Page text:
Another source of suspense for prosecutors leading up to the indictment was a provocative bit of information they received from Burke's attorney, Ed Shohat. In early December it was widely reported by the media that the grand jury would deliver its indictment against Burke and the others on Thursday, December 18.
All the public saw on that day, however, was a brief story in the Miami Herald under the headline "Source: Burke Gets Holiday Break." The story read in part: "Sources familiar with the investigation said federal prosecutors decided to delay the indictment until after the holidays at the request of one of the attorneys involved in the case."
The report made it appear that prosecutors, filled with the spirit of the season, decided to allow Burke and the others the opportunity to roast their chestnuts as free men rather than as a trio of accused felons out on bail.
Two sources -- one on the prosecution side and the other involved with the defense -- now contend the delay was prompted by Ed Shohat, who indicated to prosecutors that the county commissioner might agree to plead guilty for his role in the bribery scheme and become a government witness against Grigsby and Hardemon. By cooperating, Burke would hope to receive a lighter sentence. The delay in issuing the indictment, the sources say, was intended to give Burke a chance to discuss the matter with his extended family, who would be gathering in Georgia for the holidays.
Prosecutors were even led to believe that Burke would use part of the time to fly to Seattle, where a brother lives, so he could not only consult with him but also look over the city as a possible place to relocate after serving his time in prison.
Burke's willingness to consider accepting responsibility for his actions was supposedly sparked by an early December meeting he and Shohat had with prosecutors in which Burke, for the first time, viewed portions of that videotape in which Burke is allegedly caught discussing kickbacks with Grigsby and Gary. Burke reportedly found the tape devastating, and when Shohat requested holding off the indictment so his client could do a little soul searching, prosecutors were obliging.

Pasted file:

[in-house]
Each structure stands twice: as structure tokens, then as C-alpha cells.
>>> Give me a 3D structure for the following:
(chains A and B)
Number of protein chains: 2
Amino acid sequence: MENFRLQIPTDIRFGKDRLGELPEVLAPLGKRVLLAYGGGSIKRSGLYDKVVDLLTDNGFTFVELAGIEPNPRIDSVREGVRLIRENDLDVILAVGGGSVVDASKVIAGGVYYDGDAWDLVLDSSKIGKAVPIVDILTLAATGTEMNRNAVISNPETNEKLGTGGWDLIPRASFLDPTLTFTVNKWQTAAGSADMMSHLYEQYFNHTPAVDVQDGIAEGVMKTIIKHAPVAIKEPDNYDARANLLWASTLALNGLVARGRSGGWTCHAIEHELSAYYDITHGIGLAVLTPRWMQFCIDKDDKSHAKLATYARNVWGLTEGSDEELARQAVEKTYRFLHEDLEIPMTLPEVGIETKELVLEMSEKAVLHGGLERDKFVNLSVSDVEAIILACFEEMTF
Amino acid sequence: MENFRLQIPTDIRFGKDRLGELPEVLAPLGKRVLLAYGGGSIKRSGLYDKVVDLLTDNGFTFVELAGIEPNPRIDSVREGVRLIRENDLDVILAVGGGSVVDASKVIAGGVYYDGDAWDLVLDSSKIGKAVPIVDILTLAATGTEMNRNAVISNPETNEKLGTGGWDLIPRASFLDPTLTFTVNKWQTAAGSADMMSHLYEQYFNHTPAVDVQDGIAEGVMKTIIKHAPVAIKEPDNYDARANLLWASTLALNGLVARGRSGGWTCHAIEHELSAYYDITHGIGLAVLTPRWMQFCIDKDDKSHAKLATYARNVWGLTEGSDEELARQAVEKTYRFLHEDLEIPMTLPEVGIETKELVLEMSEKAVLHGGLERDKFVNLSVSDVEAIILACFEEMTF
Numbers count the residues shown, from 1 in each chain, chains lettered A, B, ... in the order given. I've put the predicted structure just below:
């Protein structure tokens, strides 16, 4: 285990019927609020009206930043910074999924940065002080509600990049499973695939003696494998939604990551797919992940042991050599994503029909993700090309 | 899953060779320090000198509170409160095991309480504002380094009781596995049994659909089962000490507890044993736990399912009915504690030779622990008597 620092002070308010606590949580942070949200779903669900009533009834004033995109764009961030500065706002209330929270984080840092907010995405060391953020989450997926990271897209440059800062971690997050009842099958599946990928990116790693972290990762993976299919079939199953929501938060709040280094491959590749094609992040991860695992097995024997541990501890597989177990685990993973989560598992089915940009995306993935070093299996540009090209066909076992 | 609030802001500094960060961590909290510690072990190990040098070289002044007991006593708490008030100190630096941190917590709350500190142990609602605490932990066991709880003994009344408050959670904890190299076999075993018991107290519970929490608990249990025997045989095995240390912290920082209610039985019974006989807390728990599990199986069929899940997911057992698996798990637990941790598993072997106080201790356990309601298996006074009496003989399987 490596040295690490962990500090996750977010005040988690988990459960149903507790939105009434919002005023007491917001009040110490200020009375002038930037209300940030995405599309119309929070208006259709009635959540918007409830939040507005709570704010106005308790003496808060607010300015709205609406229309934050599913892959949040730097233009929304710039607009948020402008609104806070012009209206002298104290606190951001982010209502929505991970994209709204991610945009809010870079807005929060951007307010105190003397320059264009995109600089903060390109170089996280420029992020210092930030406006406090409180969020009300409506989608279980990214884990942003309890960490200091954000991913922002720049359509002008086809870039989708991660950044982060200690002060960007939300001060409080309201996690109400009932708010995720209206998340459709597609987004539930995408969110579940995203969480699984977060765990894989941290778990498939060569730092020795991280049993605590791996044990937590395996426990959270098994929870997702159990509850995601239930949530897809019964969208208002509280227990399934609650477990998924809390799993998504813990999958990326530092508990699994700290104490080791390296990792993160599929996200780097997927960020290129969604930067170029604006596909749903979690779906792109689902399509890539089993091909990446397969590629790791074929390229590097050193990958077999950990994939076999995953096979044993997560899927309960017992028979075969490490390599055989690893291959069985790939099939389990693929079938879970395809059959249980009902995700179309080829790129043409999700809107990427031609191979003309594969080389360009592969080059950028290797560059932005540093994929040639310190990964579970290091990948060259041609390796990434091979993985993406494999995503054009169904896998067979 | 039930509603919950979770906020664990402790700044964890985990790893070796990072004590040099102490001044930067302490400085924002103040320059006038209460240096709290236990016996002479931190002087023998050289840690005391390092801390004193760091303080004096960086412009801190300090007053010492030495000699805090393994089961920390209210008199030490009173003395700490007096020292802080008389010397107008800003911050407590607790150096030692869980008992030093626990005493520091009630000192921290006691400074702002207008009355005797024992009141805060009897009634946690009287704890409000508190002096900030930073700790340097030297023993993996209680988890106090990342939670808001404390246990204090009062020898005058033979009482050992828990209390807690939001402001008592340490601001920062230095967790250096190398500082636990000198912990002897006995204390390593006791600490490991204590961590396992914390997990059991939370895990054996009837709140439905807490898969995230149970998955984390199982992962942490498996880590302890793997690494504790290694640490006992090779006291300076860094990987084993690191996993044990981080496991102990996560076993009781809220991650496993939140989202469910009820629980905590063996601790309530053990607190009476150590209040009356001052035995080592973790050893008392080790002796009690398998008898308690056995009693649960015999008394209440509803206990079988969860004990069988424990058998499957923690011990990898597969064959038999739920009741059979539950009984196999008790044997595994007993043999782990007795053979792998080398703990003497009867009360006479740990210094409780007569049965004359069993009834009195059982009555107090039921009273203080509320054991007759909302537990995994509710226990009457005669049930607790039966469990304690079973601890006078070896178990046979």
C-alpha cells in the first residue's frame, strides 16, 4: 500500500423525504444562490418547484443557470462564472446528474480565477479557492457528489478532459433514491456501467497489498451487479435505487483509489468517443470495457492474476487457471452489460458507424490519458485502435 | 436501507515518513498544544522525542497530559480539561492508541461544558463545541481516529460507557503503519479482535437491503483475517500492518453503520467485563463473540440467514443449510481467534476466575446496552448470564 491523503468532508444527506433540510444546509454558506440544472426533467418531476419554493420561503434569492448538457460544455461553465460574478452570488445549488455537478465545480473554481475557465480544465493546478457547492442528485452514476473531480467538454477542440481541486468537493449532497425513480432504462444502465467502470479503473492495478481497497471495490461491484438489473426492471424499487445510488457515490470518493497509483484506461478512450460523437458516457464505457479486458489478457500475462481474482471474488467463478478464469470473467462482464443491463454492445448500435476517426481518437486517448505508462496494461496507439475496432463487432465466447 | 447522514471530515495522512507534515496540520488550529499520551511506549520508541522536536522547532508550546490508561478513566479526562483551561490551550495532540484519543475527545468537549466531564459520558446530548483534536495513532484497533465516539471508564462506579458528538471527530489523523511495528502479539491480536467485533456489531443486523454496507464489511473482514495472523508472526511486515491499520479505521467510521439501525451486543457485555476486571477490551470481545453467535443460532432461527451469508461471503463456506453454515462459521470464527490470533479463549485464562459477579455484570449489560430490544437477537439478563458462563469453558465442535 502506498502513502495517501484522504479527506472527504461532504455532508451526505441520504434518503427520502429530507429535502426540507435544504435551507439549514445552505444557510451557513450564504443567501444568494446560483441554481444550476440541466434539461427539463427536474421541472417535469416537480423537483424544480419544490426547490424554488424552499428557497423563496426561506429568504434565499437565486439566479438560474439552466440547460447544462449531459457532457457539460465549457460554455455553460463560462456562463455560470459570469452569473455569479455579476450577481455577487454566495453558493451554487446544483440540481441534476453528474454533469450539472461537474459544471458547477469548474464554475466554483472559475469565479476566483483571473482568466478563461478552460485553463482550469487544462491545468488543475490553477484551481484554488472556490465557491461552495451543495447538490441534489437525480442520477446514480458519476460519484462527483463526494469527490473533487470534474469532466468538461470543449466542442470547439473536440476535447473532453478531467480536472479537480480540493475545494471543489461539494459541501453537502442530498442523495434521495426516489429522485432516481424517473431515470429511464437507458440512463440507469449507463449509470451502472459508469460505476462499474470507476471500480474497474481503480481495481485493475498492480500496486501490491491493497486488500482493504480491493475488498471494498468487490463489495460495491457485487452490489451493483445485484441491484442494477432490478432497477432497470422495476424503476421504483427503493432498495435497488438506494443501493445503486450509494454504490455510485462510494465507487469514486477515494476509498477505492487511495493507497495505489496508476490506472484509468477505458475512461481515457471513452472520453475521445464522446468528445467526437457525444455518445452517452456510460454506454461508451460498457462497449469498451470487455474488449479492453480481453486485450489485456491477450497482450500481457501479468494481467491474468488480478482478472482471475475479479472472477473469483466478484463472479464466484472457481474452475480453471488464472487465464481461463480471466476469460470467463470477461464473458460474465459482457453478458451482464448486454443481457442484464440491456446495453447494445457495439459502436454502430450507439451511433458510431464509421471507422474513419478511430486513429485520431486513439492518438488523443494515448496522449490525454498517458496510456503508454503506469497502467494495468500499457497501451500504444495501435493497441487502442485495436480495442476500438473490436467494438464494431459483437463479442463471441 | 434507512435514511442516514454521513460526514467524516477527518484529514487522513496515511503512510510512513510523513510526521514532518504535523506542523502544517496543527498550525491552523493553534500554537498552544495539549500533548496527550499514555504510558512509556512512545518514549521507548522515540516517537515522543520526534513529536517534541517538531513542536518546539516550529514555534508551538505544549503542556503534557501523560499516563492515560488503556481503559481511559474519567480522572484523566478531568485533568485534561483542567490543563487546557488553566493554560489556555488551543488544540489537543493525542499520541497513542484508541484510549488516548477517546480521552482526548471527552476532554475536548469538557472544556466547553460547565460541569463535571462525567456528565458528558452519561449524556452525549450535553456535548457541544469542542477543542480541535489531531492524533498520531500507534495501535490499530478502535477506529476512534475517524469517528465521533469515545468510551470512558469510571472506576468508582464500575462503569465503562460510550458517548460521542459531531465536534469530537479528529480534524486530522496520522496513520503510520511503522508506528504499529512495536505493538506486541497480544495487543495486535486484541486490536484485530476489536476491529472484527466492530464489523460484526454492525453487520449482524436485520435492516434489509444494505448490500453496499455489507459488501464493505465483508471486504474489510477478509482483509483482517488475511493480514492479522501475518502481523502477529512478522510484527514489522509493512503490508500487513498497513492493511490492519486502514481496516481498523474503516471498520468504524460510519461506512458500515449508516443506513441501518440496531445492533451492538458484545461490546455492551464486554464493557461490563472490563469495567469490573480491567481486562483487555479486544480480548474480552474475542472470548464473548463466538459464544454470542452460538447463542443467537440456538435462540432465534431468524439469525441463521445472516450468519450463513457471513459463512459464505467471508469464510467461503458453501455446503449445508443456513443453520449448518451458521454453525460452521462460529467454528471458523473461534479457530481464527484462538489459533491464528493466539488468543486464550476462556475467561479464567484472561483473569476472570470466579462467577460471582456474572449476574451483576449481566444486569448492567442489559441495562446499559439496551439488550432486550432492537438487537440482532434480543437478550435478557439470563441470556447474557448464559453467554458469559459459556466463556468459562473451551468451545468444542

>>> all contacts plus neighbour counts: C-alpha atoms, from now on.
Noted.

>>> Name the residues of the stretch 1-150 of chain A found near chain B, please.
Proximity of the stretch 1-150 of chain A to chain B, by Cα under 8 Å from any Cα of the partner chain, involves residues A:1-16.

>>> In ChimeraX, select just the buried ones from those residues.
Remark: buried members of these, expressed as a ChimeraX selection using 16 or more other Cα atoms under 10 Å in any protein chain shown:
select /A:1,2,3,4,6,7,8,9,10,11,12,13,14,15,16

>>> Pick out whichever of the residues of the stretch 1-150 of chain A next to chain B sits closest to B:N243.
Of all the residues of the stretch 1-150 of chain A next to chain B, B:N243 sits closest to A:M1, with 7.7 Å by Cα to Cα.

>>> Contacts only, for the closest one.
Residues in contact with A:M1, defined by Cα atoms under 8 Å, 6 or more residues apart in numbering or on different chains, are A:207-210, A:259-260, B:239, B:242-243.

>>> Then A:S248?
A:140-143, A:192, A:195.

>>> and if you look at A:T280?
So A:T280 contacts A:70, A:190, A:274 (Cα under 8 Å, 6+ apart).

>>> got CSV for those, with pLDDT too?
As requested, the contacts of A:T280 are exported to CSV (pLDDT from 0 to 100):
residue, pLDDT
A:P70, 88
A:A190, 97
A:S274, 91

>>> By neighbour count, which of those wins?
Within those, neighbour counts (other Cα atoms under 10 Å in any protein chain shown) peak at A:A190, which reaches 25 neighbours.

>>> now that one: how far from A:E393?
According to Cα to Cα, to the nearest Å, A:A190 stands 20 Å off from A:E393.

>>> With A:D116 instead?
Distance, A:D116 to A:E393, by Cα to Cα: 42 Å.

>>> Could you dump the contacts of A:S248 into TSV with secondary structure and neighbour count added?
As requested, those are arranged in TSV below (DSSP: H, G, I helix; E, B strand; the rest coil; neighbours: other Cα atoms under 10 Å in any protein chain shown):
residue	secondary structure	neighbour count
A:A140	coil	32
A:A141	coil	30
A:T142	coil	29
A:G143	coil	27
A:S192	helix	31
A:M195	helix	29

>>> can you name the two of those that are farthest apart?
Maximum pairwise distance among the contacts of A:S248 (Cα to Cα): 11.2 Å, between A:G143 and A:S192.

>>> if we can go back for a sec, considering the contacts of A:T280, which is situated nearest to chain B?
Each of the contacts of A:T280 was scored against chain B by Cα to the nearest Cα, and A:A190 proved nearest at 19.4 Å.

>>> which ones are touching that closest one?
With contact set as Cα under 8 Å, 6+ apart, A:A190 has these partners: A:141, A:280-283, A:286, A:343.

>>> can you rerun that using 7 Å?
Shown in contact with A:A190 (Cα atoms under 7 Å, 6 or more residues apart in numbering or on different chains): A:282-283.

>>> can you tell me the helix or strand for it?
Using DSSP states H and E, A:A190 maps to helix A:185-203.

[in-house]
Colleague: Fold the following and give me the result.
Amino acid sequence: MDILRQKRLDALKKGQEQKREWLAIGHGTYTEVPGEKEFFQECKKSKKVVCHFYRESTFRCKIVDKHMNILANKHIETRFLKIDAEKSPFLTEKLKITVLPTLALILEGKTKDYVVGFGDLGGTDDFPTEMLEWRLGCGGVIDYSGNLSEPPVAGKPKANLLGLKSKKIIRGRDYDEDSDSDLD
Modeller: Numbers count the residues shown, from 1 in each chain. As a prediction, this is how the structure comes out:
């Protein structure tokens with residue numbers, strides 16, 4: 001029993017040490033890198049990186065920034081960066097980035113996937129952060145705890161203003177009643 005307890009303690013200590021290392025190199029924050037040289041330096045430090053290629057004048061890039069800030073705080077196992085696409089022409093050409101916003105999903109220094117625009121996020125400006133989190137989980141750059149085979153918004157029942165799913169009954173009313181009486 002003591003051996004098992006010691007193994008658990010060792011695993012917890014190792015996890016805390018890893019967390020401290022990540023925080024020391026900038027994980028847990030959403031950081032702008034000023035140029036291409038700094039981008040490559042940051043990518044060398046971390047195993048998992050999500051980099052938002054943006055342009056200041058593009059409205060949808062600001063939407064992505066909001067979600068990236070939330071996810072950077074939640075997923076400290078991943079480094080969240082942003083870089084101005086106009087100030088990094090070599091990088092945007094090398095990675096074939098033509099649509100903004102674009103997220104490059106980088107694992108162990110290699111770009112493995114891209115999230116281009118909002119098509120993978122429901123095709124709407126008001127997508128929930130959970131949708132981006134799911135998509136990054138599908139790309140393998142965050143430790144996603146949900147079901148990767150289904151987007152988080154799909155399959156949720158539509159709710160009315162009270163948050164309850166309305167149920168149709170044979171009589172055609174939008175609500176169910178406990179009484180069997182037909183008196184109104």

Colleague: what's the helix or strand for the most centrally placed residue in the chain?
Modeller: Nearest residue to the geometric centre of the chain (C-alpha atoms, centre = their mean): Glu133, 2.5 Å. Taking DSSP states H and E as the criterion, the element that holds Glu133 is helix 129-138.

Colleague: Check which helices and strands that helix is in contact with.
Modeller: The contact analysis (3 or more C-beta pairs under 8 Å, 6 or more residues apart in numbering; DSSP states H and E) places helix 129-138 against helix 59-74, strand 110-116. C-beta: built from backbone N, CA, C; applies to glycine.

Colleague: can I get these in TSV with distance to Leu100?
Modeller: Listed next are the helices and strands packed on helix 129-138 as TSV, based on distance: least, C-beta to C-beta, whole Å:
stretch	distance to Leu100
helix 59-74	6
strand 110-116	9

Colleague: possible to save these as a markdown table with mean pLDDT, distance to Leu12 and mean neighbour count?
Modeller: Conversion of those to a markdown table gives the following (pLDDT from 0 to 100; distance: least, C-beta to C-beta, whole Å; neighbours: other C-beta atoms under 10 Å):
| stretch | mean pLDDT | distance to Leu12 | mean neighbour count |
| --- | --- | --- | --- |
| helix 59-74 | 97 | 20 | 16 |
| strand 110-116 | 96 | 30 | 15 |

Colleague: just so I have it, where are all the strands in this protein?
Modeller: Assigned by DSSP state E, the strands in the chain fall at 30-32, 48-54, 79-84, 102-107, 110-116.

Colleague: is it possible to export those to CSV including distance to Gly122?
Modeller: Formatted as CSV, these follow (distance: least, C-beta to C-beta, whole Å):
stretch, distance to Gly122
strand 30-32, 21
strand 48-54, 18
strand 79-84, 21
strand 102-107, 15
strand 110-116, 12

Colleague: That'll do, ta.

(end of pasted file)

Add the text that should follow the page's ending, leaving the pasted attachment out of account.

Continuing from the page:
In early January, however, Shohat informed the U.S. Attorney's Office that Burke would not become a witness for the prosecution. Federal authorities then moved ahead with their plans and the trio was indicted on January 8. Grigsby pleaded not guilty and was released on a one-million-dollar bond. Burke and Hardemon are expected to plead not guilty at their arraignment in February. They were released on bonds of $500,000.
"I am going to expressly deny that either James Burke, or me acting on his behalf, made any type of a proffer to the United States Attorney's Office," Shohat said recently. "That did not happen. It's a fantasy."
The revealing word in Shohat's denial is proffer, which is a legal term used to describe what a defendant could offer prosecutors as part of a deal. It seems clear now the discussion never reached that stage. Pressed as to whether he had asked for a delay so Burke could meet with his family and consider pleading guilty, Shohat demurred: "I am not going to comment on any discussions I may or may not have had with the United States Attorney's Office."
Was Burke ever truly serious about pleading guilty? Probably not. According to various sources, the current view within the U.S. Attorney's Office is that this was merely a ploy by Shohat to stall the indictment as long as possible.
After Gary's antics and the beguiling tease provided by Burke's attorney, this latest phase of Operation Greenpalm has provided yet another odd twist. The case was assigned to U.S. District Court Judge Ursula Ungaro-Benages. The assignment to this particular judge was completely random, but parties on both sides of the case are wondering about its impact. Ungaro-Benages is married to Michael Benages, a county lobbyist and local political insider. Would this fact favor the prosecution or the defense? Could it raise a possible conflict?
No one seems to know, but it's a strange start indeed to a case that promises only more of the same.